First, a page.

Anacostia in Washington, District of Columbia — The American Northeast (Mid-Atlantic)
Civil War Defenses of Washington
Fort Greble was named in honor of Lt. John T. Greble, slain at the Battle of Big Bethel, June 10, 1861, the first U.S. Military Academy graduate killed in the Civil War.
Erected by National Park Service.
Marker series. This marker is included in the Defenses of Washington marker series.
Location. 38° 49.565′ N, 77° 0.849′ W. Marker is in Anacostia, District of Columbia, in Washington. Marker is at the intersection of Elmira Street SE and Martin Luther King Jr. Avenue, SE, on the right when traveling west on Elmira Street SE. Touch for map. Located at the entrance to Fort Greble Park. Marker is in this post office area: Washington DC 20032, United States of America.
Other nearby markers. At least 8 other markers are within 2 miles of this marker, measured as the crow flies. Original Federal Boundary Stone Southeast 7 (approx. 0.8 miles away in Maryland); Fort Carroll (approx. 0.9 miles away); In Memory of Col. Raynal C. Bolling (approx. one mile away); Bolling Air Force Base (approx. 1.2 miles away); Republic F-105D Thunderchief Original Federal Boundary Stone Southeast 6 (approx. 1˝ miles away); Original Federal Boundary Stone SE 6 (was approx. 1˝ miles away but has been reported missing. ); The Capture of Alexandria (approx. 1˝ miles away in Maryland).
More about this marker. The marker displays a plan of Fort Greble from U.S. Army Corps of Engineers drawing. A map shows other Civil War fortifications surrounding Washington, D.C. The bottom of the marker is a wartime photo of a gun at Fort Totten, captioned During the Civil War, Washington's forts overlooked farm land.
Related marker. Click here for another marker that is related to this marker. To better understand the relationship, study each marker in the order shown.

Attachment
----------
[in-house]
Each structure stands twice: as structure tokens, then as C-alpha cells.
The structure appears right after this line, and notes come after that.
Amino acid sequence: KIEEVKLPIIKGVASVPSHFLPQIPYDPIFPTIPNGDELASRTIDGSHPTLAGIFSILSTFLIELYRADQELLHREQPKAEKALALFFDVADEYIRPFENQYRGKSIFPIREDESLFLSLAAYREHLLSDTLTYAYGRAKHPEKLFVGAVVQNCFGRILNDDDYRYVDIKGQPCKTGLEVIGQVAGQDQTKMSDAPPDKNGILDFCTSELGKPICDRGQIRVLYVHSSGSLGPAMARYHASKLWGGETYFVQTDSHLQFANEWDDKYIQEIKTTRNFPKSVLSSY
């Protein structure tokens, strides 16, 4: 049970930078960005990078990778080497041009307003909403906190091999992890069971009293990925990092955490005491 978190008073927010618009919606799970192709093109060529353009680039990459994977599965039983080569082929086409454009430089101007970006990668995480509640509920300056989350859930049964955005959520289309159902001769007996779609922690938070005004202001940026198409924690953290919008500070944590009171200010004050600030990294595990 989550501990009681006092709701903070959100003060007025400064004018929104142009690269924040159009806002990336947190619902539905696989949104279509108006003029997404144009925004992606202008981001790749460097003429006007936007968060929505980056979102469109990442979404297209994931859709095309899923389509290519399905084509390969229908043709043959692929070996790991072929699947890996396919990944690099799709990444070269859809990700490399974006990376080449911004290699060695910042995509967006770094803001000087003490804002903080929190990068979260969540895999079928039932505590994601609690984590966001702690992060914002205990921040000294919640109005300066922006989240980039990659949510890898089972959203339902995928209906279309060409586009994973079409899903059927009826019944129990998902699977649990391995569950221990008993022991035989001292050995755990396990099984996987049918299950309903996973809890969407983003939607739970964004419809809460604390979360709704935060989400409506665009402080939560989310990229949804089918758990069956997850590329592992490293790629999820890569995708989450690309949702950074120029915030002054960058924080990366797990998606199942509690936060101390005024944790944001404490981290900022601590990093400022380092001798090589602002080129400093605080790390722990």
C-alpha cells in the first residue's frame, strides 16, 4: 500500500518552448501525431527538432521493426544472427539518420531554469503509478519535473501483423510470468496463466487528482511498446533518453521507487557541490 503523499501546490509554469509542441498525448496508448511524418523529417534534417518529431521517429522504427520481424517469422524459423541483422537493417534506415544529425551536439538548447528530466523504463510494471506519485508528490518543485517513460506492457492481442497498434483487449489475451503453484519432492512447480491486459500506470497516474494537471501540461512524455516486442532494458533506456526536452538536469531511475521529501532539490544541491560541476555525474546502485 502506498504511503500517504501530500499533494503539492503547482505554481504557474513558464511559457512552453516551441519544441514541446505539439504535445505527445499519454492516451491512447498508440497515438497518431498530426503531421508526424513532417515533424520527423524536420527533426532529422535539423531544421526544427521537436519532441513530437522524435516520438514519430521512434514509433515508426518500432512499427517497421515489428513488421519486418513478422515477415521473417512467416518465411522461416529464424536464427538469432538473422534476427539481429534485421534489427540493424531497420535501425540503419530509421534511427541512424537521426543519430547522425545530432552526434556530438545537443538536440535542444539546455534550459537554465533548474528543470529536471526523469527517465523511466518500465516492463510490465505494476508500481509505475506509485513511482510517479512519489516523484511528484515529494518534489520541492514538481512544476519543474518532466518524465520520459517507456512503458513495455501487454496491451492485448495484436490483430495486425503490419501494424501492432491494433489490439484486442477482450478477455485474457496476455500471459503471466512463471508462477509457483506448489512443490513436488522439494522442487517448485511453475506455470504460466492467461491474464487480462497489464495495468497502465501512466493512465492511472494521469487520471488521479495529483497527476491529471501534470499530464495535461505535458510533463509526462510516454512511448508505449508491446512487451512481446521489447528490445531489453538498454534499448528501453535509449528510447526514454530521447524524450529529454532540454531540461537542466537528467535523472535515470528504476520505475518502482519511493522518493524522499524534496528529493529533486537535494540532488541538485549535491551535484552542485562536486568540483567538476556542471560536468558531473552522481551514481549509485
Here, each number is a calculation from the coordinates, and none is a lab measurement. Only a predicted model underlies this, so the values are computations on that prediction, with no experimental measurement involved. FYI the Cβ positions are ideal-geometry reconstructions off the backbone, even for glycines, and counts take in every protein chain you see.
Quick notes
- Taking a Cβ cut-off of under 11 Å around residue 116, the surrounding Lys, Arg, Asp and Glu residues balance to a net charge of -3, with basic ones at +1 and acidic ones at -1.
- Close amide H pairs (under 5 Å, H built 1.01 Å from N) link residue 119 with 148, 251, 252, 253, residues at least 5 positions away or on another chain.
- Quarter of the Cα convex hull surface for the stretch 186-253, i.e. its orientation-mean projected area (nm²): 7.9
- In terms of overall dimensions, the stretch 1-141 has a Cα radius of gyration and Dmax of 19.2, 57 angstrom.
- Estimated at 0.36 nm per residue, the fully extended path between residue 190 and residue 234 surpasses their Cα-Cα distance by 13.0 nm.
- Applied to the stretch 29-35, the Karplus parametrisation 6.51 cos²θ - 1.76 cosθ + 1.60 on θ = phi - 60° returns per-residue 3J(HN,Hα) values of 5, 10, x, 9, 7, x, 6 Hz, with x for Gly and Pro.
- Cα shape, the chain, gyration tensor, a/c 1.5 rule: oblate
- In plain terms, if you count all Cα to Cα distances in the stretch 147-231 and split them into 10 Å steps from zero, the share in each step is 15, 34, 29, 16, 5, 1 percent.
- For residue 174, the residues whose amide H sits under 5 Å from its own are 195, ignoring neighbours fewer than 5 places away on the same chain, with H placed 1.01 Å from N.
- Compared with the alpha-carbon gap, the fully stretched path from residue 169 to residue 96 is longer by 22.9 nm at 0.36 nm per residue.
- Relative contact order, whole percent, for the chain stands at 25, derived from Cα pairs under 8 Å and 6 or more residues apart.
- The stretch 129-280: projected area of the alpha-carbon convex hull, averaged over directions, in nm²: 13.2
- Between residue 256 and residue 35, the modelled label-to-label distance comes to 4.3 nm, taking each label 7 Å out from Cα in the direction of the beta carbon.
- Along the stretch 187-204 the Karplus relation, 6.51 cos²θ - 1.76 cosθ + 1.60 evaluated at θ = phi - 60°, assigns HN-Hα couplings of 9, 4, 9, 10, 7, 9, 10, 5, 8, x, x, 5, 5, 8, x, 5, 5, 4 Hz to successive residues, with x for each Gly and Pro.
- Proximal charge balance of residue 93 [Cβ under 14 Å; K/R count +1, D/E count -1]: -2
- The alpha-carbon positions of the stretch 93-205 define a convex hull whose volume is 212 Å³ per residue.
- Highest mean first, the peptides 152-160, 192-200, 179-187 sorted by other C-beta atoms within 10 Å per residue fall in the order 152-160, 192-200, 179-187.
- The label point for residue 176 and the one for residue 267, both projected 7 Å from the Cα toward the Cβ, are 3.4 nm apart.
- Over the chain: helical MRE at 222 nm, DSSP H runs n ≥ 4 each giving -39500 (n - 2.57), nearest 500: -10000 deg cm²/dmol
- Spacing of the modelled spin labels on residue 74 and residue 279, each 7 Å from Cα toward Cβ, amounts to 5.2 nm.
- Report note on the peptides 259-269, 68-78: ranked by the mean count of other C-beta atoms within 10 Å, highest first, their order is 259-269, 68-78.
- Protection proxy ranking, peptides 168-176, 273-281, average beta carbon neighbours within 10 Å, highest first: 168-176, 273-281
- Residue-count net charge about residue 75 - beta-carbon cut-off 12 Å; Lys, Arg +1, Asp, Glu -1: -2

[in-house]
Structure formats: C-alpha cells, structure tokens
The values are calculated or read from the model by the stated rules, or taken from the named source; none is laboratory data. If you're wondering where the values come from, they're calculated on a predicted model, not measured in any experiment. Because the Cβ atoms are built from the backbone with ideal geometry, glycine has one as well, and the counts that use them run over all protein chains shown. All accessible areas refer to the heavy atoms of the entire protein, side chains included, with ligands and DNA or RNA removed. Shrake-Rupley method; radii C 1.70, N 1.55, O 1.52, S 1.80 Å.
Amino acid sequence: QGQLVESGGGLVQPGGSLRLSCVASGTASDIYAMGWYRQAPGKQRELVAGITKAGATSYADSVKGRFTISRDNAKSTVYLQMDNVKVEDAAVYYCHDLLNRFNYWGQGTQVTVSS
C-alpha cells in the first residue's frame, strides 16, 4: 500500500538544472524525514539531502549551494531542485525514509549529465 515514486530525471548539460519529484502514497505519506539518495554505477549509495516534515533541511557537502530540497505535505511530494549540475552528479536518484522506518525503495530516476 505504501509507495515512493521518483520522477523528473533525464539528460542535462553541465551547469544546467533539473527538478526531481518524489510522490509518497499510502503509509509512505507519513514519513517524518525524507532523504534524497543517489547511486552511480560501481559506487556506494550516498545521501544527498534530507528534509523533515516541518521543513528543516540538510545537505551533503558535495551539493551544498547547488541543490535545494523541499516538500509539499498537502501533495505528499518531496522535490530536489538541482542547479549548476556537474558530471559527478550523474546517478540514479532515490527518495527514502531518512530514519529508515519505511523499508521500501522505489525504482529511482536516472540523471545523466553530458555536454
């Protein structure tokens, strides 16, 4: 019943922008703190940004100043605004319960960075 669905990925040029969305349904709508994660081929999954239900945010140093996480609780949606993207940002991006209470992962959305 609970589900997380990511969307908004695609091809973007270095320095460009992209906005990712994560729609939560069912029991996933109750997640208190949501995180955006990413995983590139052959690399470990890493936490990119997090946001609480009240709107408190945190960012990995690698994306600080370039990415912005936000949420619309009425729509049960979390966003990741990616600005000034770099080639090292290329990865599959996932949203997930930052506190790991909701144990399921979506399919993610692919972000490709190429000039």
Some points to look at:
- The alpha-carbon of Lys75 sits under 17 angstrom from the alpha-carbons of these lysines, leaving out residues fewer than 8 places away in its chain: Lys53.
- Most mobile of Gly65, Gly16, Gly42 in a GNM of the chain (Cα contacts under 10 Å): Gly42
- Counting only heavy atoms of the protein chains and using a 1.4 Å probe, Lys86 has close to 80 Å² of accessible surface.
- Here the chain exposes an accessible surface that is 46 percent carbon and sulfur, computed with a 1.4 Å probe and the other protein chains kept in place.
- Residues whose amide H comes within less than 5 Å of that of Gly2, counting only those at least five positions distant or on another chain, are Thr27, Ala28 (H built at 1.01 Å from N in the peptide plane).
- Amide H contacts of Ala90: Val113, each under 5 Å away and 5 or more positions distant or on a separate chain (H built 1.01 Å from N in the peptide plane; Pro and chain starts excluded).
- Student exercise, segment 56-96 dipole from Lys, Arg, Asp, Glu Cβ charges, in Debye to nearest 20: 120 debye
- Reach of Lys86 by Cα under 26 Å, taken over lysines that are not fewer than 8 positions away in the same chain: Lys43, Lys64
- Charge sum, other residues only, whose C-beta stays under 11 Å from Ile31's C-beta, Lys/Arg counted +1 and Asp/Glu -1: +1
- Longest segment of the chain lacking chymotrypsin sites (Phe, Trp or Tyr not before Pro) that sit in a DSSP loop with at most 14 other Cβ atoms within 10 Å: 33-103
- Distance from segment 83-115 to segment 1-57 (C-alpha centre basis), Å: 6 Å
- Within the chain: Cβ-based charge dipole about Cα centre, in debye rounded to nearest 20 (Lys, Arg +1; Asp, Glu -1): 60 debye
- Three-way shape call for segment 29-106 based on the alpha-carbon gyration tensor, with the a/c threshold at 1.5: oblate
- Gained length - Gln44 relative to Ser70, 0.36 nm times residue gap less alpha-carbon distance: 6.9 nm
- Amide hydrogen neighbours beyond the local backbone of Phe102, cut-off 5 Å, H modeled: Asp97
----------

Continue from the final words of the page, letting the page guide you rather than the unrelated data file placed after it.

Also see . . .
1. Fort Greble. Additional information on the fort and the service history. (Submitted on August 22, 2008, by Craig Swain of Leesburg, Virginia.)
2. Battery Carroll and Fort Greble. National Park Service page on the fort and nearby Battery Carroll. (Submitted on August 22, 2008, by Craig Swain of Leesburg, Virginia.)
3. Lt. John Trout Greble. (Submitted on March 13, 2011, by Richard E. Miller of Oxon Hill, Maryland.)
1. Fort Greble Particulars
From "Mr. Lincoln's Forts: A Guide to the Civil War Defenses of Washington," by Benjamin Franklin Cooling III and Walton H. Owen II:
Fort Greble had a perimeter of 327 feet and was octagonal in shape. The Fort's armament included six 12-pdr field guns, six 32-pdr, seacoast guns, two 8-in siege howitzers, one 30-pdr Parrott rifle, one 10-inch siege mortar, and one 24-pdr Coehorn. A battery just to the south of the fort had positions for four more guns, but was never occupied.
Units that garrisoned the fort at different times included elements of the 4th and 10th New York Heavy Artillery, 17th and 19th Maine Volunteer Infantry, 2nd U.S. Infantry, 3rd Massachusetts Heavy Artillery, 14th Michigan Battery, and 12th U.S. Infantry (post war).
The fort was constructed largely with civilian labor from northern cities, paid at rates between 40 and 90 cents per day, with carpenters and other specialists receiving up to $3.00.
After the war, the fort was retained for use as a signal station. But after 1867 the ground was returned to the original owners. In the opinion of the Army, the lumber and shingles remaining in the fort's structures was ample compensation for the use of the land. The property's trustee, a Thomas W. Berry of Baltimore, was less impressed. He responded, "We are not disposed to accept
— Submitted August 22, 2008, by Craig Swain of Leesburg, Virginia.
Categories. • Forts, Castles • War, US Civil •
Credits. This page was last revised on June 16, 2016. This page originally submitted on August 22, 2008, by Craig Swain of Leesburg, Virginia. This page has been viewed 2,896 times since then. Last updated on March 13, 2011, by Richard E. Miller of Oxon Hill, Maryland. Photos: 1. submitted on August 22, 2008, by Craig Swain of Leesburg, Virginia. 2. submitted on March 13, 2011, by Richard E. Miller of Oxon Hill, Maryland. 3, 4. submitted on August 22, 2008, by Craig Swain of Leesburg, Virginia. 5. submitted on February 17, 2012, by Richard E. Miller of Oxon Hill, Maryland.